Miss the solar eclipse? See it here in photo and video

The morning turned dark over Southeast Asia as the moon aligned with the Earth and sun to cast a shadow that turned dawn to night.

It was the only solar eclipse of 2016, and if you weren’t one of the lucky ones able to travel to Indonesia to see it live, NASA, Slooh and the Exploratorium Science Center in San Francisco broadcast it live via webcast.

At 8:38 p.m. eastern time Tuesday, which was morning in Micronesia where NASA’s webcast was live, the moon moved fully in front of the sun, placing Earth in an ethereal shadow for as long as 4 minutes at the peak area of totality.

Solar eclipse, courtesy NASA

Solar eclipse, courtesy NASA

The total solar eclipse of 2016 reaches totality in this still image from a NASA webcast on March 8, 2016 from Woleai Island in Micronesia, where it was March 9 local time during the eclipse. - See more at: http://www.space.com/32198-total-solar-eclipse-2016-pictures.html#sthash.iCglzL3j.dpuf

The total solar eclipse of 2016 reaches totality in this still image from a NASA webcast on March 8, 2016 from Woleai Island in Micronesia, where it was March 9 local time during the eclipse. – See more at: http://www.space.com/32198-total-solar-eclipse-2016-pictures.html#sthash.iCglzL3j.dpuf

“When I think of the life experiences I’ve had, the only more gripping, more memorable experience than seeing a full solar eclipse was watching the birth of my children,” said Sam Storch, a retired astronomy professor and member of the Astronomical Society of the Palm Beaches. “It’s that big of a deal.”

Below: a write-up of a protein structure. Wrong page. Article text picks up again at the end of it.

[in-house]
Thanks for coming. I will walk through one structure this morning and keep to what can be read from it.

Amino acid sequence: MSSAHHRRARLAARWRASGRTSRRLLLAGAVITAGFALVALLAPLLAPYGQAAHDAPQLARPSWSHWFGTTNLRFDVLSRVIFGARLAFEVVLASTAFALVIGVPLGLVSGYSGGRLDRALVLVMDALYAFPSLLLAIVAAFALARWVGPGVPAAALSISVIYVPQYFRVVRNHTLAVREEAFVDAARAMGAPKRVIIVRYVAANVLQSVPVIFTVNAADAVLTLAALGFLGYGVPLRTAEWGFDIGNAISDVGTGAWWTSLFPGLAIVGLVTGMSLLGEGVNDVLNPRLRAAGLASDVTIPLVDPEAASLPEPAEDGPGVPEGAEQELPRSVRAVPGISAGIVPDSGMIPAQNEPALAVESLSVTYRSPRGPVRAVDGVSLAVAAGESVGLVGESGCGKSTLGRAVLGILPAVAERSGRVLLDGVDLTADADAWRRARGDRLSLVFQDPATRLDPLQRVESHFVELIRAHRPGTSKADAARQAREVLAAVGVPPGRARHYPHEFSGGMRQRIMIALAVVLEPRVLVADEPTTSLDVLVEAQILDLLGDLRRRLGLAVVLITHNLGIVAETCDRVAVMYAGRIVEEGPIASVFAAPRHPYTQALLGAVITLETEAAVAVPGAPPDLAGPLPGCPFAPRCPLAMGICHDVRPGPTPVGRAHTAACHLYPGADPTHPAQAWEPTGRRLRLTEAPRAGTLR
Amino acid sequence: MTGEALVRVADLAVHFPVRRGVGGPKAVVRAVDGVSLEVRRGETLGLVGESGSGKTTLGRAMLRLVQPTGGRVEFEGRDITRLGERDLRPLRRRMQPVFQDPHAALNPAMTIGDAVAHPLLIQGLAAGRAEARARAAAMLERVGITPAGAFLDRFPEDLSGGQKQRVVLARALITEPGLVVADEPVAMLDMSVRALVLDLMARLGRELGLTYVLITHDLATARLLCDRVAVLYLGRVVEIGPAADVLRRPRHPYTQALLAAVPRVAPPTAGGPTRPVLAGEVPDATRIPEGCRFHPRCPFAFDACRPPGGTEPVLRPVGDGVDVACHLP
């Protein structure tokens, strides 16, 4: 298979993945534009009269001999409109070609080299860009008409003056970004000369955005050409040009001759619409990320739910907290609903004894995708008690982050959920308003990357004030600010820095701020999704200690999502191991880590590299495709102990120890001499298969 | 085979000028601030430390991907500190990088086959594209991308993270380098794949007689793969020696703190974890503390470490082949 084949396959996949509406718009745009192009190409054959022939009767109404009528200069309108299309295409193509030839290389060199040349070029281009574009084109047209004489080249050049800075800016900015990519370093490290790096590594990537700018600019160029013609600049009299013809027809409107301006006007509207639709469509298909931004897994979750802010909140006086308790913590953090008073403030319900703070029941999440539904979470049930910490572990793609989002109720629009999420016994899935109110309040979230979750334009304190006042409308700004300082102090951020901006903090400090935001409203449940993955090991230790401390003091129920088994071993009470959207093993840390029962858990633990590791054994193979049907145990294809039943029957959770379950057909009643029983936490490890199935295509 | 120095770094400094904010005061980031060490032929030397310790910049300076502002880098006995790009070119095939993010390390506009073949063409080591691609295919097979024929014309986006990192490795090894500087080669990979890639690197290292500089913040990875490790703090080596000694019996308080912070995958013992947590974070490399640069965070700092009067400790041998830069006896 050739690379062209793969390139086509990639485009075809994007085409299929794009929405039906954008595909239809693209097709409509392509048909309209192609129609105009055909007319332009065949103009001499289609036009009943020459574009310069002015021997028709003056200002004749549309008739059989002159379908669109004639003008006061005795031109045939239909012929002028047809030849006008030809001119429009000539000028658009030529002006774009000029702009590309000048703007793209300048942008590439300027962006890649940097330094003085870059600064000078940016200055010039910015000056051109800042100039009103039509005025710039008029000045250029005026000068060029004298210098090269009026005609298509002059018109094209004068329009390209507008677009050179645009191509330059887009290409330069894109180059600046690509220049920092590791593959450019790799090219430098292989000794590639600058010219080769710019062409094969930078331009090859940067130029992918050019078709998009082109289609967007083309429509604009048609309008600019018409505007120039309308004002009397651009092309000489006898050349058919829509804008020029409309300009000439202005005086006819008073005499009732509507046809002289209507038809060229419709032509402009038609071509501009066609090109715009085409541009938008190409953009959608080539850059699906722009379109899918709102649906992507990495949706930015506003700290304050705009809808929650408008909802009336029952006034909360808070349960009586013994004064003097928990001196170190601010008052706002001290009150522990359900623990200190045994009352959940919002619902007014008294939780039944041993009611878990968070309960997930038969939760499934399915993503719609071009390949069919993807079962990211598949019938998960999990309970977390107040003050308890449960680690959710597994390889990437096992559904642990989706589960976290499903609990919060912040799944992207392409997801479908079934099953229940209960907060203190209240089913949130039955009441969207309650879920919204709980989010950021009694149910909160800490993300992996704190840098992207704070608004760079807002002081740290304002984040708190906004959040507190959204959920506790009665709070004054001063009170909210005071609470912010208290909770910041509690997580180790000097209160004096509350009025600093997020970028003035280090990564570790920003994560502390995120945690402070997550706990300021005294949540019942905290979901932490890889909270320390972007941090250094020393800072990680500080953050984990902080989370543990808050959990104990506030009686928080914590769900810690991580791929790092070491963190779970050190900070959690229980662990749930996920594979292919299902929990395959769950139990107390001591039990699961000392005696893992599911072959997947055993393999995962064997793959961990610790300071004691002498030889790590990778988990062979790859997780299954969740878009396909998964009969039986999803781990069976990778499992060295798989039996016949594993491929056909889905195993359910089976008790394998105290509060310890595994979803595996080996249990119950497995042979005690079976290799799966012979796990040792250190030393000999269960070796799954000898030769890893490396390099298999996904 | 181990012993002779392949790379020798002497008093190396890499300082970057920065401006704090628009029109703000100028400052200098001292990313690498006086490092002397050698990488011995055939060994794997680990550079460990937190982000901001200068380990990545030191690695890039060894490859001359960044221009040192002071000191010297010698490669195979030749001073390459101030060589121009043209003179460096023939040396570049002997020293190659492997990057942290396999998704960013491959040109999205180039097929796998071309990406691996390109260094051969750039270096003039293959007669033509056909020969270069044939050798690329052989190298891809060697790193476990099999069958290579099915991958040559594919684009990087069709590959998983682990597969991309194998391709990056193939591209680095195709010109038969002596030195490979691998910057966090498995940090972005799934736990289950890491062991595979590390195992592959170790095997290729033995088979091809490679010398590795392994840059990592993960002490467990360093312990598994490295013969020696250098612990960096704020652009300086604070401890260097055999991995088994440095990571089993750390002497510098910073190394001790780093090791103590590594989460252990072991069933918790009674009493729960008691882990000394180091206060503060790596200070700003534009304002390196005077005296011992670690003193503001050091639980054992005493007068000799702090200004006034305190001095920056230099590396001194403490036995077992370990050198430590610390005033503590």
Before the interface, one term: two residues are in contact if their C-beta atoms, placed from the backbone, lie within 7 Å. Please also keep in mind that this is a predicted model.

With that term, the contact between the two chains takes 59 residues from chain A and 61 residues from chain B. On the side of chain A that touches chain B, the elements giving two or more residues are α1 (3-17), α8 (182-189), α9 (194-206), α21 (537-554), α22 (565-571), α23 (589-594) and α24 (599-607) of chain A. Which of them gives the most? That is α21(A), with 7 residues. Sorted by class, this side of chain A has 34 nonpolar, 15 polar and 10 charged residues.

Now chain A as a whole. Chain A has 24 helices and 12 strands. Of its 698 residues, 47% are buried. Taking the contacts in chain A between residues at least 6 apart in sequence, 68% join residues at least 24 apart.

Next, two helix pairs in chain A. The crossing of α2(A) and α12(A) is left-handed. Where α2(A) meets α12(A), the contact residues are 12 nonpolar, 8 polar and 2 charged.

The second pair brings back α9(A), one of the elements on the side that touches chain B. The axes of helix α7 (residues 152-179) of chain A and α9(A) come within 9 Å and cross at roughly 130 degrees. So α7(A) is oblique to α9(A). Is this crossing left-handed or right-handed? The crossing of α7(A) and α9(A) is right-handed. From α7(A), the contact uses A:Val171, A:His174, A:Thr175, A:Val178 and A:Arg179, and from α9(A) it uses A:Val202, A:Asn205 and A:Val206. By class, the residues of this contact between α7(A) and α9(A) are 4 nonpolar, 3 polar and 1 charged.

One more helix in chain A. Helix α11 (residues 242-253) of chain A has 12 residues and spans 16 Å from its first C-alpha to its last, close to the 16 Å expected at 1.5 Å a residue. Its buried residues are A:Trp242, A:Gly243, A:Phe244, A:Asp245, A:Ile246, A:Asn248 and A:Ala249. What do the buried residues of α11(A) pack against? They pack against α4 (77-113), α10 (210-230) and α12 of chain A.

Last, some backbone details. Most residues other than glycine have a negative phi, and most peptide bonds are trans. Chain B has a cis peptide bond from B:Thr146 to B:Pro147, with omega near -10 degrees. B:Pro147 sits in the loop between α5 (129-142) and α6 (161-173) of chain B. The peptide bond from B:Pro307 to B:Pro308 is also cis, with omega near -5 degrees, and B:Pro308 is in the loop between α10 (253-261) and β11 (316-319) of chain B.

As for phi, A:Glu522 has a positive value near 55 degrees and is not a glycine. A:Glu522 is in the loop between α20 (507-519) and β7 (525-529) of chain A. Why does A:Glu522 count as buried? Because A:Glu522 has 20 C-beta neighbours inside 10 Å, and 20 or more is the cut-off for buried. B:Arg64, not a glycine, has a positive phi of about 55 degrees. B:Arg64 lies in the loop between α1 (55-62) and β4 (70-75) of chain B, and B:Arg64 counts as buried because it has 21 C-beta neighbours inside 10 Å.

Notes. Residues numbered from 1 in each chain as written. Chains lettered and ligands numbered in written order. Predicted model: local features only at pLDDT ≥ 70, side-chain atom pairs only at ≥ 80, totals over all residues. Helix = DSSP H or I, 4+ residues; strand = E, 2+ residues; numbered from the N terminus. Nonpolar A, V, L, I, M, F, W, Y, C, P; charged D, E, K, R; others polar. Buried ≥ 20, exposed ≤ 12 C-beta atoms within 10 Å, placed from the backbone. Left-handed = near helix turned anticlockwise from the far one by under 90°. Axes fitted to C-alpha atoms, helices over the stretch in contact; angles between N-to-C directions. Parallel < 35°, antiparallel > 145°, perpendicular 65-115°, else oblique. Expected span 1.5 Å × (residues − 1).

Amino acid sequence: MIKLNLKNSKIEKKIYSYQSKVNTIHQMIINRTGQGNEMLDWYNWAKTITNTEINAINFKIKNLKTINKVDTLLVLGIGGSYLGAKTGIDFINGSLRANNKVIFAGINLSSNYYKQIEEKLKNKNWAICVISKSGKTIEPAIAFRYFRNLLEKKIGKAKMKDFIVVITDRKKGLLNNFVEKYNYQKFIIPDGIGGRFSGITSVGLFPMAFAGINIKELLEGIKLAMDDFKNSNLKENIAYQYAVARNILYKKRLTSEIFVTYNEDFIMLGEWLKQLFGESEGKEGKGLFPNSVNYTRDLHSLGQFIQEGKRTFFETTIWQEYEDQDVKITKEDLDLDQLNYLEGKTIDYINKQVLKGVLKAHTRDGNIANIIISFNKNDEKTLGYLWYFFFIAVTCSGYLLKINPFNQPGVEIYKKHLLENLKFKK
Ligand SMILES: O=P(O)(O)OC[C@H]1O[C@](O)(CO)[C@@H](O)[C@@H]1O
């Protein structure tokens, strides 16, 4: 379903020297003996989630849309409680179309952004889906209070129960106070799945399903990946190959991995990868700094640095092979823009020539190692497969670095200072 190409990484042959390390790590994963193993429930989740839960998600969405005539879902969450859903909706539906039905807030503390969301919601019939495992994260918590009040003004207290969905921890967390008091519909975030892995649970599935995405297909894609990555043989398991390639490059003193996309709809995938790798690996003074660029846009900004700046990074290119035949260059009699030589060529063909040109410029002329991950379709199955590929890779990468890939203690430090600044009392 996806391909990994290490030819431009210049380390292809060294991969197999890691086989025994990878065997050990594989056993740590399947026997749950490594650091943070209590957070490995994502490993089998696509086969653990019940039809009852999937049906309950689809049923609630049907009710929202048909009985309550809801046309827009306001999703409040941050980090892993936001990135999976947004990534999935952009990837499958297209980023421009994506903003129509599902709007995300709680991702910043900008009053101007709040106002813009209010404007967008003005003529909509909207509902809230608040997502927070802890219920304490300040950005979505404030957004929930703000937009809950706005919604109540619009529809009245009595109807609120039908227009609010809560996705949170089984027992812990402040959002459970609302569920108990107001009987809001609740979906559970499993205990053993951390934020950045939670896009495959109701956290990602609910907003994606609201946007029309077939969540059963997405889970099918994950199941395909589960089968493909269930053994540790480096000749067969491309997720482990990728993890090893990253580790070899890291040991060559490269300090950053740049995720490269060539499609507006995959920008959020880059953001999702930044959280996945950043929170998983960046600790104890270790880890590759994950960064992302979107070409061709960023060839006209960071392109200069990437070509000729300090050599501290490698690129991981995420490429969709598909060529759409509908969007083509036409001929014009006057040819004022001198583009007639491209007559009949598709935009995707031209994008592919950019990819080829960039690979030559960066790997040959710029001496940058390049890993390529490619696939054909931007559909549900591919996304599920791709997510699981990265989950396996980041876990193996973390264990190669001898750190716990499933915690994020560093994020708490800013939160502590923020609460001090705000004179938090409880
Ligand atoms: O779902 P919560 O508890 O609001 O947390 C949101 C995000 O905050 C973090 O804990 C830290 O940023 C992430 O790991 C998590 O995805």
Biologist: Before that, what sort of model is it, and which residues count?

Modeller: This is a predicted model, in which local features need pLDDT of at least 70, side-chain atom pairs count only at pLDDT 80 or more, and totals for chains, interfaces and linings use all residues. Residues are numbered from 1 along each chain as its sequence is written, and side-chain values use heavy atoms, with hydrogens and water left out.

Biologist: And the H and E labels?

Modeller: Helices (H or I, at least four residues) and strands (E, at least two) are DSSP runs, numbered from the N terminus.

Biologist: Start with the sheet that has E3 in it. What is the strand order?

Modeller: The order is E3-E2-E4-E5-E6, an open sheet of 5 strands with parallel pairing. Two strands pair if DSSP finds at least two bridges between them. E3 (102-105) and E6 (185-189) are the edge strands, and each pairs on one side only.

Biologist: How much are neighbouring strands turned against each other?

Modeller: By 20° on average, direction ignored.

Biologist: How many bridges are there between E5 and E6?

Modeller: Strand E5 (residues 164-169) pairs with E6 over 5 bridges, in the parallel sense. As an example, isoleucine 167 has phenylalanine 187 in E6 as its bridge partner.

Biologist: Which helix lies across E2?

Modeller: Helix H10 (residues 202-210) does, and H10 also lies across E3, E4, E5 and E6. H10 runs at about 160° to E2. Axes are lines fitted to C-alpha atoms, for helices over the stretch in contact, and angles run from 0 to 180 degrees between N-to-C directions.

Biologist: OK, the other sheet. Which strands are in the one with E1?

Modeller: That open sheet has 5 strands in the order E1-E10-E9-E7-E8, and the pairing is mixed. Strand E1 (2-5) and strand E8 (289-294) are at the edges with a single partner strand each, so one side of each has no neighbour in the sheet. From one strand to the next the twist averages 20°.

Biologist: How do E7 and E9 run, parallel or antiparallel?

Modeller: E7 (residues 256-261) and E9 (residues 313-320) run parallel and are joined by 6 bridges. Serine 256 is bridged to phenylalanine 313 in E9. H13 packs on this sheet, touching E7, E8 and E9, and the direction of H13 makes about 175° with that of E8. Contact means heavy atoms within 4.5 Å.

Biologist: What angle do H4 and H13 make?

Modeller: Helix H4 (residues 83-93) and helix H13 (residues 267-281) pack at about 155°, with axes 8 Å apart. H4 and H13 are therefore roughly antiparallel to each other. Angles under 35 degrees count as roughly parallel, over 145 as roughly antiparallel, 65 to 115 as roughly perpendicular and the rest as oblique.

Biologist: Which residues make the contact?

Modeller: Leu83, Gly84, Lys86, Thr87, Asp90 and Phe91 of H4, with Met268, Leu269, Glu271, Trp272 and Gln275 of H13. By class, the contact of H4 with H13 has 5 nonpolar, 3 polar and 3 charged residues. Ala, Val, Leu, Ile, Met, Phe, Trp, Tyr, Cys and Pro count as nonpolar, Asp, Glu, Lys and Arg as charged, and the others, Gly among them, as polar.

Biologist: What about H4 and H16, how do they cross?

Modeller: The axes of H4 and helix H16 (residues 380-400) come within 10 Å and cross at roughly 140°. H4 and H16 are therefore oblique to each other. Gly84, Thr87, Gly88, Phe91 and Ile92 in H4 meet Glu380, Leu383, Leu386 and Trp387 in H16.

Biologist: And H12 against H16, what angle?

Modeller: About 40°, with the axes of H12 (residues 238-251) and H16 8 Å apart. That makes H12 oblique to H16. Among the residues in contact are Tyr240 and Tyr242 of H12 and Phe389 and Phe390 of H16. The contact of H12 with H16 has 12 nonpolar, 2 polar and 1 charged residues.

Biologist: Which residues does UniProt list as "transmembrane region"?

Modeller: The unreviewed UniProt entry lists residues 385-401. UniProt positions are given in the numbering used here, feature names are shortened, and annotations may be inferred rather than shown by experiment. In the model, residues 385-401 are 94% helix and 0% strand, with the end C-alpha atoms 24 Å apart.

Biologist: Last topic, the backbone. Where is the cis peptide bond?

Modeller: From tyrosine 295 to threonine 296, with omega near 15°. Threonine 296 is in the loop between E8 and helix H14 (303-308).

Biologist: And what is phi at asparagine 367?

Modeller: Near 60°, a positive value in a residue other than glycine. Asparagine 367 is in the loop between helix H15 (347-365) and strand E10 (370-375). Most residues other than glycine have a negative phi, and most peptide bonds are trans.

Storch was supposed to be on a special Alaska Airlines flight that was rerouted to view the eclipse, but a car accident interfered with the trip.

Full solar eclipses viewable from populated areas are rare. The last full solar eclipse in the U.S. was in 1979, but it only covered five states, according to NASA.

The next full solar eclipse viewable in North America will be Aug. 21, 2017.

Although the direct path of next year’s eclipse will skip to the north of Florida, several other states will get the full treatment, falling directly under a shadow that will have a width of about 100 miles. Those include Oregon, Idaho, Montana, Wyoming, Nebraska, Kansas, Missouri, Illinois, Kentucky, Tennessee, North Carolina, South Carolina and Georgia.

“It’s pretty close to pitch black during totality,” said Alex Young, an associate director of science at NASA’s Goddard Space Flight Center in Greenbelt, Md. “Then you can see the corona, the wispy halo-like structure of the outer atmosphere of the sun.”

Totality is when the moon fully covers the sun, creating a straight line between Earth, itself and the sun. The event is a chance for scientists to better study the sun’s corona where solar storms erupt to form beautiful auroras in the northern reaches of the globe, but also disturb Earth’s magnetic field. The disruptions can affect GPS and radio communications, but also put astronauts dangerously close to radiation.

Storch, who lives in Boynton Beach, has traveled thousands of miles to experience full solar eclipses.

He describes moments in the darkness when temperatures drop dramatically and birds begin their nighttime calls.

“People get addicted to seeing eclipses because it’s such a unique thing,” said Young, who expects to see his first full solar eclipse next year. “Everyone says it is one of the most amazing things they’ve ever seen.”

The Woleai Atoll in Micronesia is the closest land location to where the eclipse will last its longest – 4 minutes, 9 seconds – according to Sky and Telescope.

“For the first time since 2001, I’m going to miss standing in the moon’s shadow,” said Sky and Telescope senior editor J. Kelly Beatty. “Fortunately, technological resources exist not that weren’t available back then.”

Storch said he hopes to watch the eclipse via one of the live webcasts, but it won’t be the same.

“It’s the difference between talking about love and being in love,” he said.

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